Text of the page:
The goal of CATIE was to conduct a comparison of the effectiveness of the newer (atypical or second-generation) antipsychotic medications, each relative to the others, as well as to an older (conventional or first-generation) antipsychotic comparator. Efficacy studies had already demonstrated that all of these agents produced a therapeutic antipsychotic effect relative to placebo under optimal conditions. Our main goal was to determine their effectiveness relative to each other under “real-life” conditions. In this chapter, we present the rationale for the primary effectiveness outcome and results for the randomized phases of the study. In addition, we present analyses of comparative effects of the medications on symptoms in the initial phase of the study. The primary purpose of efficacy studies is to determine if a candidate antipsychotic compound has antipsychotic efficacy. The central question around which efficacy studies are constructed is, “Does this compound reduce the manifestations of psychosis?” The optimal patients to include in efficacy studies manifest potentially treatment-responsive psychosis. In order to have the best chance of demonstrating antipsychotic efficacy, if the compound can produce such an effect, the persons conducting efficacy trials (usually sponsored by pharmaceutical companies) recruit patients who are expected to be treatment responsive, for example, patients who failed to comply with prescribed antipsychotic medication and subsequently suffered a psychotic exacerbation. If treated with an efficacious antipsychotic compound such patients' psychotic features will diminish.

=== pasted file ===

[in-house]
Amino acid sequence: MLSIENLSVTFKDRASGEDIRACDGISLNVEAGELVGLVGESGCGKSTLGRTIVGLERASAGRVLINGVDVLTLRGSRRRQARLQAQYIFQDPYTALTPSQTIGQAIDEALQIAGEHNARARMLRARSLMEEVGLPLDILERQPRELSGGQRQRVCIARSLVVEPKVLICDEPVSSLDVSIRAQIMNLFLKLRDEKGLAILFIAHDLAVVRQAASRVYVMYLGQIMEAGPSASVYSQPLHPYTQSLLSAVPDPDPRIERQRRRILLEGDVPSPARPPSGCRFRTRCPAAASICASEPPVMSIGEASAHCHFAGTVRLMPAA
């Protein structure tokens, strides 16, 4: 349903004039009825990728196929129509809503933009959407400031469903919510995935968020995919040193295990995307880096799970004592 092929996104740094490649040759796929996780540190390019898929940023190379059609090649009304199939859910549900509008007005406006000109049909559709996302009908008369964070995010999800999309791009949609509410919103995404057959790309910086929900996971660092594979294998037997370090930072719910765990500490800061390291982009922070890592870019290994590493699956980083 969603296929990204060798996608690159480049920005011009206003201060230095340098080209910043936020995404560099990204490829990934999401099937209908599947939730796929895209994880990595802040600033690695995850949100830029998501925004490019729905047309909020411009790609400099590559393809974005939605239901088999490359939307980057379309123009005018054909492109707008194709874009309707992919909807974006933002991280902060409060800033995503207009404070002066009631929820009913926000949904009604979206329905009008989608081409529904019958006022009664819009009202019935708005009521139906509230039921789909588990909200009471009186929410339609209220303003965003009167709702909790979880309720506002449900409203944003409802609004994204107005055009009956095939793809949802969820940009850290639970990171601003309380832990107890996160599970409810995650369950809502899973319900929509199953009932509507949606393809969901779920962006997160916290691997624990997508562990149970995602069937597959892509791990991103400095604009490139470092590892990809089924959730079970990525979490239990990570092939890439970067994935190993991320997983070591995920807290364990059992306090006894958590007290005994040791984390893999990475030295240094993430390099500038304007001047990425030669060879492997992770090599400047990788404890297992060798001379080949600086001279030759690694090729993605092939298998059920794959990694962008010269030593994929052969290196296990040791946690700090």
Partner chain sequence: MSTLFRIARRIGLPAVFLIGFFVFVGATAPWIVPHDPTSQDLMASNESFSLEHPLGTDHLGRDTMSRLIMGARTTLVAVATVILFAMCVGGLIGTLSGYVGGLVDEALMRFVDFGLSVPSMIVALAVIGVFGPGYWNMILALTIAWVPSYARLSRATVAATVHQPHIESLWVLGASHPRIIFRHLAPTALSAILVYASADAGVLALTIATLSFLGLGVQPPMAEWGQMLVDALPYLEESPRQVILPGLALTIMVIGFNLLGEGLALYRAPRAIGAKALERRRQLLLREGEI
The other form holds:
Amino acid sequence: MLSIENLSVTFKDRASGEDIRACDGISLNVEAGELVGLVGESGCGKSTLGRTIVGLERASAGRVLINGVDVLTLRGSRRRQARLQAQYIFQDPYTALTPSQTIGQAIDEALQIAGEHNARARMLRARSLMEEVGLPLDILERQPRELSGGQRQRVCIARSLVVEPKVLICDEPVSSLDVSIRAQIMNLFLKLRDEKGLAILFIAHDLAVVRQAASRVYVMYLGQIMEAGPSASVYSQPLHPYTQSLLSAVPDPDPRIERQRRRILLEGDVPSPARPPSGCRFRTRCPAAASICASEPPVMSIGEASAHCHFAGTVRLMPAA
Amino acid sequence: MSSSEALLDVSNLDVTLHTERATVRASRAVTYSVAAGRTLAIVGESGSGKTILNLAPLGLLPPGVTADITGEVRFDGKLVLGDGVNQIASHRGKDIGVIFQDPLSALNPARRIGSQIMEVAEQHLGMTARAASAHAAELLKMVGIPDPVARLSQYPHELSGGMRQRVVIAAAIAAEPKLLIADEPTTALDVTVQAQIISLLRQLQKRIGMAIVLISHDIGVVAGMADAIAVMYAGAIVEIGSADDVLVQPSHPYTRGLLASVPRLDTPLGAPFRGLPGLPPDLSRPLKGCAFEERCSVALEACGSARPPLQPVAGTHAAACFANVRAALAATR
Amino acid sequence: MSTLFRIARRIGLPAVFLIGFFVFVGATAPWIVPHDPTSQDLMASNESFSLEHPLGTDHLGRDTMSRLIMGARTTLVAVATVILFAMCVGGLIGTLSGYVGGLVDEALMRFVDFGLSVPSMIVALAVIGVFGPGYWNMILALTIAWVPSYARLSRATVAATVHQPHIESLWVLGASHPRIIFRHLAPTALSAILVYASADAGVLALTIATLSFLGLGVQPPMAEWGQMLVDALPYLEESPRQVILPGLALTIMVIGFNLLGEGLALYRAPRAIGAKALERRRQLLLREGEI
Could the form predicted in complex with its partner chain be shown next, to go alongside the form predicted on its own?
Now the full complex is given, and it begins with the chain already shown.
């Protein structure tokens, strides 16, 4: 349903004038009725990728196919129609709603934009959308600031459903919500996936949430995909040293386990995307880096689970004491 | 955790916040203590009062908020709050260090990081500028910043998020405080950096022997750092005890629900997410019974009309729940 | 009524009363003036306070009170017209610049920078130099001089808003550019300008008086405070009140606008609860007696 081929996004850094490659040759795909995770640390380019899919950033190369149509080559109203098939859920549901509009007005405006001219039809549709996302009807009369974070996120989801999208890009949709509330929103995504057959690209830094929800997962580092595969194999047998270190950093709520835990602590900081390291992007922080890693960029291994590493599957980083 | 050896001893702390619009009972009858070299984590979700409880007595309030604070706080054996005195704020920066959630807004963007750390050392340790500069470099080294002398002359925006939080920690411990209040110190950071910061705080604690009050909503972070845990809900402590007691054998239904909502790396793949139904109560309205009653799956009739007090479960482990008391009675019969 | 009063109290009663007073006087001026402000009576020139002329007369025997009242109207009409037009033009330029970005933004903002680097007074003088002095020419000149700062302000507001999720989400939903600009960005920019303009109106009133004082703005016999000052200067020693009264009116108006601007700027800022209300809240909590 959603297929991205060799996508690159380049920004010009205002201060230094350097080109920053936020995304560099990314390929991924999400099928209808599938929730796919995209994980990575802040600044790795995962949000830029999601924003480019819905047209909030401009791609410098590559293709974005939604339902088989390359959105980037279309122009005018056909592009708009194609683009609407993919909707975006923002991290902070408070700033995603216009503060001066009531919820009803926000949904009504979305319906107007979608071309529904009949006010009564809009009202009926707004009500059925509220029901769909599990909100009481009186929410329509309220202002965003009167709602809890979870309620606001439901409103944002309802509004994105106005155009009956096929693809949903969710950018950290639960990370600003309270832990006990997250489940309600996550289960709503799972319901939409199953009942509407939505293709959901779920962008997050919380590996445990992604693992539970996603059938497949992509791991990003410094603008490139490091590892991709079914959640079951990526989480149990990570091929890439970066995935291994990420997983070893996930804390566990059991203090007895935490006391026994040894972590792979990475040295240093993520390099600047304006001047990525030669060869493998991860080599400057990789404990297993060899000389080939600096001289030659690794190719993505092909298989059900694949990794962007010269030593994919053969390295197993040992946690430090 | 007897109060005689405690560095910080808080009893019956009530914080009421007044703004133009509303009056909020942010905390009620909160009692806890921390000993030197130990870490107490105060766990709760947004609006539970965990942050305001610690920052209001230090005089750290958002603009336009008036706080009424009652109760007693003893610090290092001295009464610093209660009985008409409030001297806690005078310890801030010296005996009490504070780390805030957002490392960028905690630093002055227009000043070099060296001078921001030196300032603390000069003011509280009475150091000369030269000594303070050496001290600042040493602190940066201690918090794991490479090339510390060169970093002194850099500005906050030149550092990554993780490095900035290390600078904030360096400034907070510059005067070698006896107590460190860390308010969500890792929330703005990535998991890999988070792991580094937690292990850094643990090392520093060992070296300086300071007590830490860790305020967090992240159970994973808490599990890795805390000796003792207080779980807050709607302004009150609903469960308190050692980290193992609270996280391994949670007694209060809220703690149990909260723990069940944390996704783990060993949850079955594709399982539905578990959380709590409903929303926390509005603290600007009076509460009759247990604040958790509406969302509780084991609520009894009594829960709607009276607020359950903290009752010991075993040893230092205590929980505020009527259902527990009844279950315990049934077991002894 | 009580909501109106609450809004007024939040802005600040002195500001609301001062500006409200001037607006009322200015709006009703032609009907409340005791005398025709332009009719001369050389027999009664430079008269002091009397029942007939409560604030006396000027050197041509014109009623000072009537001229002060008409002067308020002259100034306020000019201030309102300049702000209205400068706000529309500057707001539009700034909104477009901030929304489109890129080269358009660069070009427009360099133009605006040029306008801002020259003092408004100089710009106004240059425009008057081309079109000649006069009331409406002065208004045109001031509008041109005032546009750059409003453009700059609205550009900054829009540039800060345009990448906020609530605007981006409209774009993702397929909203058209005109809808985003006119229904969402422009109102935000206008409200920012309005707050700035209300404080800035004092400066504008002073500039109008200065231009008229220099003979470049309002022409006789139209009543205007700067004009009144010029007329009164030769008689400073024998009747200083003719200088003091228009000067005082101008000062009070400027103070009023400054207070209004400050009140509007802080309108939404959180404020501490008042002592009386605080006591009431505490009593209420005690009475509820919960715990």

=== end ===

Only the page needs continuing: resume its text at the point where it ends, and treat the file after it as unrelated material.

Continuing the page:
|Original language||English (US)|
|Title of host publication||Antipsychotic Trials in Schizophrenia|
|Subtitle of host publication||The CATIE Project|
|Publisher||Cambridge University Press|
|Number of pages||18|
|State||Published - Jan 1 2010|
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